Researchers at Indiana University’s School of Medicine have developed a blood test that identifies biomarkers in the blood which can help to determine the severity of a patient’s pain. The results could potentially help doctors to accurately measure pain on a scale.
Currently, doctors must rely on their patients’ account of the amount of pain they are experiencing and suggest a treatment plan accordingly. A more accurate way to measure pain could lead to better treatment options for patients.
Researchers Developed Prototype for Blood Test for Pain
The study was led by Alexander Niculescu, MD, PhD, a psychiatry professor, and was published in the Nature journal Molecular Psychiatry. Hundreds of participants were tracked to find biomarkers in the blood to that can help doctors to objectively determine how much pain a patient is experiencing. This blood test, which is the first of its kind, would also help doctors to understand a patient’s long-term prognosis.
The blood test can objectively tell doctors whether a patient is experiencing pain and how severe the pain is. It’s important to have an objective way to measure this symptom, since until now pain has been subjective. Physicians have to rely on what patients tell them about their pain or whatever clinical observations they can make to determine their patients’ pain levels. This blood test promises to give doctors a tool to treat and prescribe medications more appropriately for people experiencing pain.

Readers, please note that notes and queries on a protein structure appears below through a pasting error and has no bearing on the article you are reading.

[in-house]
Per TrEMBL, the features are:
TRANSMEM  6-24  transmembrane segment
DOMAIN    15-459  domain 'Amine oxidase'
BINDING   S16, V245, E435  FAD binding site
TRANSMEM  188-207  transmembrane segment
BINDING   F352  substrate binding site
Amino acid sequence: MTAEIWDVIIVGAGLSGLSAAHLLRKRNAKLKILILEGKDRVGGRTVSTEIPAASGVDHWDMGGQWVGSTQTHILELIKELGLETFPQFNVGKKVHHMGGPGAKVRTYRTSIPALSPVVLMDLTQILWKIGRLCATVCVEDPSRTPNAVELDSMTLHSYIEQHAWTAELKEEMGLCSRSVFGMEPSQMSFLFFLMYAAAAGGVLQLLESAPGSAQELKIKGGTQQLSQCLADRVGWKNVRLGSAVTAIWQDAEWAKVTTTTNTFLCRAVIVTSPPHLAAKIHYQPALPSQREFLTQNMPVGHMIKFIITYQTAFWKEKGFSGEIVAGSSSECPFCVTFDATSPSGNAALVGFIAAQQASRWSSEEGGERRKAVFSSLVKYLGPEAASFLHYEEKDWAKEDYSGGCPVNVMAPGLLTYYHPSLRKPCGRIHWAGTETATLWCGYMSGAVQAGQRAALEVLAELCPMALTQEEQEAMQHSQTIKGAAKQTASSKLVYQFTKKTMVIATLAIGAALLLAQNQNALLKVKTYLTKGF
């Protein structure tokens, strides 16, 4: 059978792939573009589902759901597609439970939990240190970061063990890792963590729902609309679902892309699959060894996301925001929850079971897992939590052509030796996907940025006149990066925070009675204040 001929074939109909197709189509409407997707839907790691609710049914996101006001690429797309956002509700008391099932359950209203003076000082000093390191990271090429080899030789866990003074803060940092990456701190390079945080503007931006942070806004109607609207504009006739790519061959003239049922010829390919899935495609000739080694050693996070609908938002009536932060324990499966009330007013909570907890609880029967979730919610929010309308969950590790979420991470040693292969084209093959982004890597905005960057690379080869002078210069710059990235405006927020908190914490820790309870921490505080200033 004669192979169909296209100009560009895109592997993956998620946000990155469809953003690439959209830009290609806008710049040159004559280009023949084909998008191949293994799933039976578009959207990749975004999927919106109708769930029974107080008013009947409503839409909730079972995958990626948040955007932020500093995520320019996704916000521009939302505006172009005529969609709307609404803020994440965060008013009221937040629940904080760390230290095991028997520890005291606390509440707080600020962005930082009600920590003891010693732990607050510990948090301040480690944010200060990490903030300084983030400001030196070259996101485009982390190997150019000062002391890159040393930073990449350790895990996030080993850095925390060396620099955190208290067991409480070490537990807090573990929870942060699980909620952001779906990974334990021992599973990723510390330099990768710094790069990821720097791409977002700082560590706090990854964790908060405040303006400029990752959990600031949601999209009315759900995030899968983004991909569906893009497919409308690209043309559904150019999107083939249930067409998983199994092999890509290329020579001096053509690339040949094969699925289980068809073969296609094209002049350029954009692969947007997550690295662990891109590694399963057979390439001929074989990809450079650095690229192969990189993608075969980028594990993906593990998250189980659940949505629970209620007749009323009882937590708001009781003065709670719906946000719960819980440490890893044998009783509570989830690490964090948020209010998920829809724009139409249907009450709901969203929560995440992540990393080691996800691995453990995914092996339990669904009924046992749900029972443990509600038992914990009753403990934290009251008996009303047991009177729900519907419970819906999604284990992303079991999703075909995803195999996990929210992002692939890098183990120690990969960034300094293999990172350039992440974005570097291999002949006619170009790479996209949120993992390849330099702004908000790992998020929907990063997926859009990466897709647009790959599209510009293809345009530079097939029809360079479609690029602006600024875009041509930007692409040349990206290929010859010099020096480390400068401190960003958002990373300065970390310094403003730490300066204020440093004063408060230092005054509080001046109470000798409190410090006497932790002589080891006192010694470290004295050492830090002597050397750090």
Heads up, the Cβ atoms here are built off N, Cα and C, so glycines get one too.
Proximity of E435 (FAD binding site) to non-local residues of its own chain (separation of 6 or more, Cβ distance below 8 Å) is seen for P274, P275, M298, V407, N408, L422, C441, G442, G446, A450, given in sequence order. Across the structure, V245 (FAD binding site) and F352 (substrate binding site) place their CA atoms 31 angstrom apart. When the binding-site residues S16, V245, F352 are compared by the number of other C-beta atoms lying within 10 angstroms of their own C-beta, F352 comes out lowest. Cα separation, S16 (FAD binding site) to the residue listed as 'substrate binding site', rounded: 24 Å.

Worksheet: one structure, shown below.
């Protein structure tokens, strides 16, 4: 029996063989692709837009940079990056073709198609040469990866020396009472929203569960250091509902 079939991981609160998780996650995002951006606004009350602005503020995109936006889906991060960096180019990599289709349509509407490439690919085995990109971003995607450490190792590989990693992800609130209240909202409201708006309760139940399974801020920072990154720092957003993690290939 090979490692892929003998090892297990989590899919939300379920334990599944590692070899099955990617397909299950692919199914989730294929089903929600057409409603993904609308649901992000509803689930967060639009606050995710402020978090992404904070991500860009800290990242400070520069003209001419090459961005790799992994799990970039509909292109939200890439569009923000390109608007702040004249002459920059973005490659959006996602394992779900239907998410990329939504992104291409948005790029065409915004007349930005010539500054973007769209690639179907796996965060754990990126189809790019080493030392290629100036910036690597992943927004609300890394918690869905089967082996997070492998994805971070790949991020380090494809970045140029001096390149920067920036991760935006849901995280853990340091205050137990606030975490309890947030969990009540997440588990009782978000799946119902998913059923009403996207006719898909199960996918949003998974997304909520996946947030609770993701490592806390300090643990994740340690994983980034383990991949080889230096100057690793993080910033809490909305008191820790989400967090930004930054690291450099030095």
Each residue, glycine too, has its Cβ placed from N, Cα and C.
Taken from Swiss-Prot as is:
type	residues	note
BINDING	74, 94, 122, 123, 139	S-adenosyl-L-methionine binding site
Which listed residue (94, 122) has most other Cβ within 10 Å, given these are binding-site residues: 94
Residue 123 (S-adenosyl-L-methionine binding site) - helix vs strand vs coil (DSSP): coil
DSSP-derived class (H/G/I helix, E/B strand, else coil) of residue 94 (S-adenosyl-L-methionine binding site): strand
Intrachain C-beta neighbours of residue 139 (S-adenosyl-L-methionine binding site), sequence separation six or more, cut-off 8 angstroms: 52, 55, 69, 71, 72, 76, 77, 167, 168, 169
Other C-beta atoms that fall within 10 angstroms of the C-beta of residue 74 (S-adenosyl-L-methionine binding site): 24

Biomarkers in Blood Help Doctors Assess Pain Levels
The researchers looked at biomarkers in the blood. These biomarkers work in a similar manner to the way glucose is a biomarker to diabetes; they let doctors assess the severity of their patient’s pain and then provide appropriate treatment. It’s hoped this prototype may alleviate the problems that have contributed to the current opioid crisis.
The goal in pain management is to match the patient with the medication that is going to provide the best level of relief with the fewest side effects. Dr. Niculescu points out that through precision health, by having “lots of options geared toward the needs of specific patients, you prevent larger problems, like the opioid epidemic, from occurring.”
The study experts on the team found biomarkers that match with non-addictive drugs for treating pain and can also help to predict when patients may experience pain going forward. They will assist doctors in determining if a patient is experiencing chronic pain which may result in future Emergency Room visits.
Further research will focus on establishing whether there are some markers for specific conditions, such as headaches or fibromyalgia, or for ones that work better for men or women.